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Black Man Wanted Trial Moved Because Of Confederate Statue. Judge Said No

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Rob Shimshock Education Reporter
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A Louisiana judge denied a request Tuesday from a black defendant to move his trial due to a Confederate statue located by the courthouse.

Judge Kathryn Jones rejected black defendant Ronnie Anderson’s request to have his trial moved due to the presence of a statue of an unnamed Confederate soldier in front of the East Feliciana Parish courthouse, reported The Washington Post.

Anderson and his attorney Niles Haymer termed the monument a “symbol of oppression and racial intolerance,” but Jones denied their request on the basis that it was filed too late. The judge did, however, also vacate Anderson’s possession of a firearm as a convicted felon charge, leaving the defendant with only a traffic ticket.

District Attorney Sam D’Aquilla told WaPo that he plans on charging Anderson with one of the felonies again in September.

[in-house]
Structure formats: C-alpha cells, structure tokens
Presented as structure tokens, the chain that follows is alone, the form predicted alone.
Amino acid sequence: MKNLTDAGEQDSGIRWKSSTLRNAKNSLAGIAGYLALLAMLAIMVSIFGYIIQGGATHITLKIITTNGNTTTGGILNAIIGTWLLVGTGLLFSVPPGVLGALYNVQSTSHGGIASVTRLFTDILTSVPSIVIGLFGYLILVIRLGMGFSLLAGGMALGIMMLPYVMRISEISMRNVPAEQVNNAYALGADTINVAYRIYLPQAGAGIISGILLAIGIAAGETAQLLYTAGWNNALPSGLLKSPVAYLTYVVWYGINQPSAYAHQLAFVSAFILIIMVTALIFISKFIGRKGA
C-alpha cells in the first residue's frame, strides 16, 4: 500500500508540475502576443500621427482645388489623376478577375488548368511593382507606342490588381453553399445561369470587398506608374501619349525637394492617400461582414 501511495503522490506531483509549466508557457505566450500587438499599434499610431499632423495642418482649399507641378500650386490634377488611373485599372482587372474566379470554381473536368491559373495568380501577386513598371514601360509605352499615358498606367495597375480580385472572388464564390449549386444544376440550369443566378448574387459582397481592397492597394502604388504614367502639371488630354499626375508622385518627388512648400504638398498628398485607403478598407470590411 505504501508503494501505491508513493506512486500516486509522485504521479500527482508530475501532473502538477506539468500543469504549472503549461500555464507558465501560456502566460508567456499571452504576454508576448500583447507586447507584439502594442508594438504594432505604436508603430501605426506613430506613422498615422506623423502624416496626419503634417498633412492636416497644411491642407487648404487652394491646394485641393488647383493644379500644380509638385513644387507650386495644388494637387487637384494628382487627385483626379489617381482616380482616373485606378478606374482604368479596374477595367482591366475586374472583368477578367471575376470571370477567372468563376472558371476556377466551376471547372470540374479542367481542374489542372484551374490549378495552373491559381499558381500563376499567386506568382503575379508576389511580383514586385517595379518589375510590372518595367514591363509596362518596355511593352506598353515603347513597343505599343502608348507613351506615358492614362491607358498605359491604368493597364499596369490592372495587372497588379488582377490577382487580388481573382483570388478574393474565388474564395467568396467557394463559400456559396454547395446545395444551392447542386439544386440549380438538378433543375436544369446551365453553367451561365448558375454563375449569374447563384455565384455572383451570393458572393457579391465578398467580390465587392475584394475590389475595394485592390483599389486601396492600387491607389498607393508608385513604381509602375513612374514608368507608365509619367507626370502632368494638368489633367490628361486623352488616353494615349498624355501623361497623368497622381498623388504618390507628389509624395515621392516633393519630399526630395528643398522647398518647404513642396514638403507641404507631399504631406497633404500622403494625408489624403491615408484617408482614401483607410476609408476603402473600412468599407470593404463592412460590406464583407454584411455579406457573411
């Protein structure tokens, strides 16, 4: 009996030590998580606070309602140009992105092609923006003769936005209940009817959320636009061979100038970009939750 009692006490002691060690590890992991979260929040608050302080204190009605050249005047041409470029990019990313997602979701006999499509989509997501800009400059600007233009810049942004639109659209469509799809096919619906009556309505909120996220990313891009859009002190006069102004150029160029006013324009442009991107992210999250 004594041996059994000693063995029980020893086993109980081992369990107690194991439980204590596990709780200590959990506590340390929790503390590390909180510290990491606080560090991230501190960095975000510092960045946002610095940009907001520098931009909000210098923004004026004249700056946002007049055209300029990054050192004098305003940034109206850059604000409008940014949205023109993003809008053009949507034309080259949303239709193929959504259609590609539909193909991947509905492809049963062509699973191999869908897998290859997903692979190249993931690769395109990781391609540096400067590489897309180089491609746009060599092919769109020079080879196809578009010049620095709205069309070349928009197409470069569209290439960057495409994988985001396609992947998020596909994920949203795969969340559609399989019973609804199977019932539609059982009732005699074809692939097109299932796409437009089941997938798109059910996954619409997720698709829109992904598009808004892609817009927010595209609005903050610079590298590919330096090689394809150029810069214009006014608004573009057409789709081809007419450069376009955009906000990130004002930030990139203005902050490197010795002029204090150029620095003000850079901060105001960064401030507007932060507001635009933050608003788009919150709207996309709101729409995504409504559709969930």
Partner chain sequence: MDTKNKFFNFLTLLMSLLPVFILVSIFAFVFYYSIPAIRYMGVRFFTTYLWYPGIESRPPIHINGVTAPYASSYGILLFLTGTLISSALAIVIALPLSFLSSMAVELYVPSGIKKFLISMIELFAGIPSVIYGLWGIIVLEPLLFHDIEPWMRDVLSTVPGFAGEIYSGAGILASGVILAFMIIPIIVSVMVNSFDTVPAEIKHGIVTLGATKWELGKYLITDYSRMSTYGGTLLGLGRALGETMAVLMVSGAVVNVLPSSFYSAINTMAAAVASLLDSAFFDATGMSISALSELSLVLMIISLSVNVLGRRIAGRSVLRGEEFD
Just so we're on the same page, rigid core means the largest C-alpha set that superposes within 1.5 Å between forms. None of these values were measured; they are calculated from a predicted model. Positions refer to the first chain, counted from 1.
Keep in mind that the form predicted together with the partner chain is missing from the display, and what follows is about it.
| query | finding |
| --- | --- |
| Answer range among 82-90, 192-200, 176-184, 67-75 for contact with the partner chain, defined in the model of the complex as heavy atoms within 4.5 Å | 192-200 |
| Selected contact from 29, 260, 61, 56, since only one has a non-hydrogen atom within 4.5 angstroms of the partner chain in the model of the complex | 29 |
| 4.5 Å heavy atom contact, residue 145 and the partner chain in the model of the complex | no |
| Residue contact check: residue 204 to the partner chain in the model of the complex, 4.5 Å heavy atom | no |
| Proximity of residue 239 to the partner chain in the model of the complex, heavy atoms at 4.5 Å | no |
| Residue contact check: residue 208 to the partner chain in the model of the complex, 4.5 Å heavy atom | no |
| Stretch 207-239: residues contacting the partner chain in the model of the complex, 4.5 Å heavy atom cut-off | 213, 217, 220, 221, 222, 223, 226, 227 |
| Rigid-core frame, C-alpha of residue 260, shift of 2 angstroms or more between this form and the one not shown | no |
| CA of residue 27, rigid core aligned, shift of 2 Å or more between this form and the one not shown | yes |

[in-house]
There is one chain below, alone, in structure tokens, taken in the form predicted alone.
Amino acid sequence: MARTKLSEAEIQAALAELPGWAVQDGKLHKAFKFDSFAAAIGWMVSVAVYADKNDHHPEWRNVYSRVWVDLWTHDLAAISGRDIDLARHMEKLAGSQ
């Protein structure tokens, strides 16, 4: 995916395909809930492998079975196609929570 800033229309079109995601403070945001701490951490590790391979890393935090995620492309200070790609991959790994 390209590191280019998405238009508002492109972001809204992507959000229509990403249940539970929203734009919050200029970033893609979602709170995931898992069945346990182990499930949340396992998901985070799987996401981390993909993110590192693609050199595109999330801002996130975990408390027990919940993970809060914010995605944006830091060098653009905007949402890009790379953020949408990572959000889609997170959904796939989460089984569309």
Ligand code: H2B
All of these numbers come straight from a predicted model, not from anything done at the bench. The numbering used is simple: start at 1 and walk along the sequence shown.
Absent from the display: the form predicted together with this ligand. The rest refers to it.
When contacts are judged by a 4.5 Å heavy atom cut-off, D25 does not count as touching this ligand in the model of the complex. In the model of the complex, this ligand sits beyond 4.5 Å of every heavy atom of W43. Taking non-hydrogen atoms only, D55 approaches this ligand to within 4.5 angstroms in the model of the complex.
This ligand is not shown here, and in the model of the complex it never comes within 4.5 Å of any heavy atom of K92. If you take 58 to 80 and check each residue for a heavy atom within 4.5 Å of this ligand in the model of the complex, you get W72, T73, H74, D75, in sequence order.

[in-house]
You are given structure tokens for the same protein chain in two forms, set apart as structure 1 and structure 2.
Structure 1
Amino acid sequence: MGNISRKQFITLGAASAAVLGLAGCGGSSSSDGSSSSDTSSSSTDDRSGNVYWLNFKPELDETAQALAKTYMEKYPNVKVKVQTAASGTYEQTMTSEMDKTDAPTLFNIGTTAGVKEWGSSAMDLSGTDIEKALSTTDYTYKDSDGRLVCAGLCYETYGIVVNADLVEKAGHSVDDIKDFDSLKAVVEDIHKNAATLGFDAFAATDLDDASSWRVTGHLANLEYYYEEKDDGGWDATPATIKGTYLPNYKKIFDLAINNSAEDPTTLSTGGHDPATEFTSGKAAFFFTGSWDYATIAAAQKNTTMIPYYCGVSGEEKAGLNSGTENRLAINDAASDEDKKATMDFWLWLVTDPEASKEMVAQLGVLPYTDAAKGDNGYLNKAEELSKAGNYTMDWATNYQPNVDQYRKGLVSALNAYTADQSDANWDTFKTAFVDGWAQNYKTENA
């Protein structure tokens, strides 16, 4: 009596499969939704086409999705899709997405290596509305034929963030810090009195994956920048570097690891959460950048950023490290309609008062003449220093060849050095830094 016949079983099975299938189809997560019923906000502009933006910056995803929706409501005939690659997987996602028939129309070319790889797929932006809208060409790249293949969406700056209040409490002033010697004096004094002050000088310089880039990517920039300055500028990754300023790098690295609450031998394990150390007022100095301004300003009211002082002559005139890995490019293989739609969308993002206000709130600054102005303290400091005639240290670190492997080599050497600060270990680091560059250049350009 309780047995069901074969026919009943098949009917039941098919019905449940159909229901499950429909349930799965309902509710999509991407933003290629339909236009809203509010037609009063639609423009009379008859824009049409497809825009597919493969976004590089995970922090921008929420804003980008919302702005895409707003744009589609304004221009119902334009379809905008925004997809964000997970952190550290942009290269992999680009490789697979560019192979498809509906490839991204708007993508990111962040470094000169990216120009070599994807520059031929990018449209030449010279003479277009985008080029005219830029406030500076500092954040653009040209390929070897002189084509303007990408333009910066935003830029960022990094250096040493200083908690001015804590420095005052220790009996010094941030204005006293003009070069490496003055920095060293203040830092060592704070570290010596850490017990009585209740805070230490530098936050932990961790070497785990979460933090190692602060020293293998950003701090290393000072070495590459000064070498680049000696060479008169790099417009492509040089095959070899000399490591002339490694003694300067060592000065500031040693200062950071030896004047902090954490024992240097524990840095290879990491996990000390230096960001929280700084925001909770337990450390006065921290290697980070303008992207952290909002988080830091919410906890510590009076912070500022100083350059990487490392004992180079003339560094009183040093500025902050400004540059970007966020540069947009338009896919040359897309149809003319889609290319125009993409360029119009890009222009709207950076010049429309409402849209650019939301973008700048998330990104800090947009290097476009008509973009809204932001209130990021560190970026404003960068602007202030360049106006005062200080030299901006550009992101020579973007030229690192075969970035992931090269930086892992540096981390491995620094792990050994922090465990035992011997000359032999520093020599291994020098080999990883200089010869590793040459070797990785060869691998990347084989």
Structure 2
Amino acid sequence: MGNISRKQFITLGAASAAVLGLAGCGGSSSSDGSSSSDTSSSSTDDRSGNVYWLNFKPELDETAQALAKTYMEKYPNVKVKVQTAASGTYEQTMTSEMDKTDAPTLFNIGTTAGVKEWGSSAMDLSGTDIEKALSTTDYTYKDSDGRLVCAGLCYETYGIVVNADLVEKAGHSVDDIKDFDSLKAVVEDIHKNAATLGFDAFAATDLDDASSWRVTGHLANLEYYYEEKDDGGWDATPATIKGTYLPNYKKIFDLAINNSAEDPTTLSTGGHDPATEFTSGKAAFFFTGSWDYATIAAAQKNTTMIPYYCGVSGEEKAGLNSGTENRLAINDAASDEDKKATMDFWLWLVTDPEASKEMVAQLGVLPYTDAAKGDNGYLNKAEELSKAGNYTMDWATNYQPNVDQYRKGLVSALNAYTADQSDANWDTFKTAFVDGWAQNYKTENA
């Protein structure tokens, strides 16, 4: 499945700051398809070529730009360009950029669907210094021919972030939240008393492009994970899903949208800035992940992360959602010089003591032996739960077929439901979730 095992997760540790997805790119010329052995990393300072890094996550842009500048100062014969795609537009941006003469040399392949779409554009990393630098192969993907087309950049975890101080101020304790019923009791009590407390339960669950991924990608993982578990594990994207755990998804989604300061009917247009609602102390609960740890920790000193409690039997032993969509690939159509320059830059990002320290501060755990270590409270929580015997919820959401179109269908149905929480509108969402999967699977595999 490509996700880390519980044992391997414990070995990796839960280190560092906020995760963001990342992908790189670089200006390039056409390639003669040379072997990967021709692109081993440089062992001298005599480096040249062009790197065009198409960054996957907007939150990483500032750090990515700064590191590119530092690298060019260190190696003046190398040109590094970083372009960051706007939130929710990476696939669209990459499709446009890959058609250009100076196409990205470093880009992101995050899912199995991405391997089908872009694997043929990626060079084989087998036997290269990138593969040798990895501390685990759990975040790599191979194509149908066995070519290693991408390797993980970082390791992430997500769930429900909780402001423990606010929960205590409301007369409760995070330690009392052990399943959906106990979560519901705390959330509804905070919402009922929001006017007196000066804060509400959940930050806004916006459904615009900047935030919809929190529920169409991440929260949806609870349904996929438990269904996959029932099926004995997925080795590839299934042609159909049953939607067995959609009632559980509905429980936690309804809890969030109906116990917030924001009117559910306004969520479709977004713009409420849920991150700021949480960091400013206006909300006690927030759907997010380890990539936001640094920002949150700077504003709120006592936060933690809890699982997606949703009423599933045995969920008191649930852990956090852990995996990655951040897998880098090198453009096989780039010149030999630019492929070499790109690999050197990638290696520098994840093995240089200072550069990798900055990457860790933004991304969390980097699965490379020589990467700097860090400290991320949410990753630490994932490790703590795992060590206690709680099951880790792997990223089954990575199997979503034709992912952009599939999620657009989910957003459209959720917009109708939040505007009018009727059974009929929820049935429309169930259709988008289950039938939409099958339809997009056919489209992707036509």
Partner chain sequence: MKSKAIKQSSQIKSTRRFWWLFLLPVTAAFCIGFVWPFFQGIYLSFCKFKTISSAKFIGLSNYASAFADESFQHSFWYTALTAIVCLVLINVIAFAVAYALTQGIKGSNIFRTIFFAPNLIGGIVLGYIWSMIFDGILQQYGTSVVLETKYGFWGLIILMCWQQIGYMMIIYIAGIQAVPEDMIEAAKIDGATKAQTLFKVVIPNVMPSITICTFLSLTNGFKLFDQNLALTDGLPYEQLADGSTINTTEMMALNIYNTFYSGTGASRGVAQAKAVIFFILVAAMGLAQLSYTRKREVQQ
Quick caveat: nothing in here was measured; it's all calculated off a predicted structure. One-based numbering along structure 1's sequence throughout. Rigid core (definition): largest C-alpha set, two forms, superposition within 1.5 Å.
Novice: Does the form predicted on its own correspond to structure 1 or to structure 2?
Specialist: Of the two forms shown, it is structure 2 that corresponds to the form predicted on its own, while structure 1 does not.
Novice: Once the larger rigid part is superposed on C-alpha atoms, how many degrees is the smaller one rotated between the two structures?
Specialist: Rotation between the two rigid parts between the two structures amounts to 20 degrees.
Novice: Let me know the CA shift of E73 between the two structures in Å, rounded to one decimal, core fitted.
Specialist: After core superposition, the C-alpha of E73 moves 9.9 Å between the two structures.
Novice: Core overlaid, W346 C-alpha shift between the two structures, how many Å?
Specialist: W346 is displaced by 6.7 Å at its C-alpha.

“We have a great community and all elected officials constantly strive to suppress racial inequality,” D’Aquilla told The Advocate in July. “Filing a motion to change venue for this reason is insulting.”

“He’s still adamant that if he has to come back to that courthouse he will want me to file that same motion again,” Haymer said, noting that he would refile the request for a change of venue if the opportunity arose.

Jones declined to comment on whether she would have accepted Anderson and Haymer’s request for a change in venue if it had been submitted on time, when speaking with The Daily Caller News Foundation.

Former New Orleans Democratic Mayor Mitch Landrieu removed four Confederate statues in the capital in 2017, sometimes under cover of darkness. (RELATED: New Orleans Uproots Third Confederate Statue In Early Morning Operation)

The John F. Kennedy Library Foundation awarded Landrieu a Profile in Courage Award for his action.

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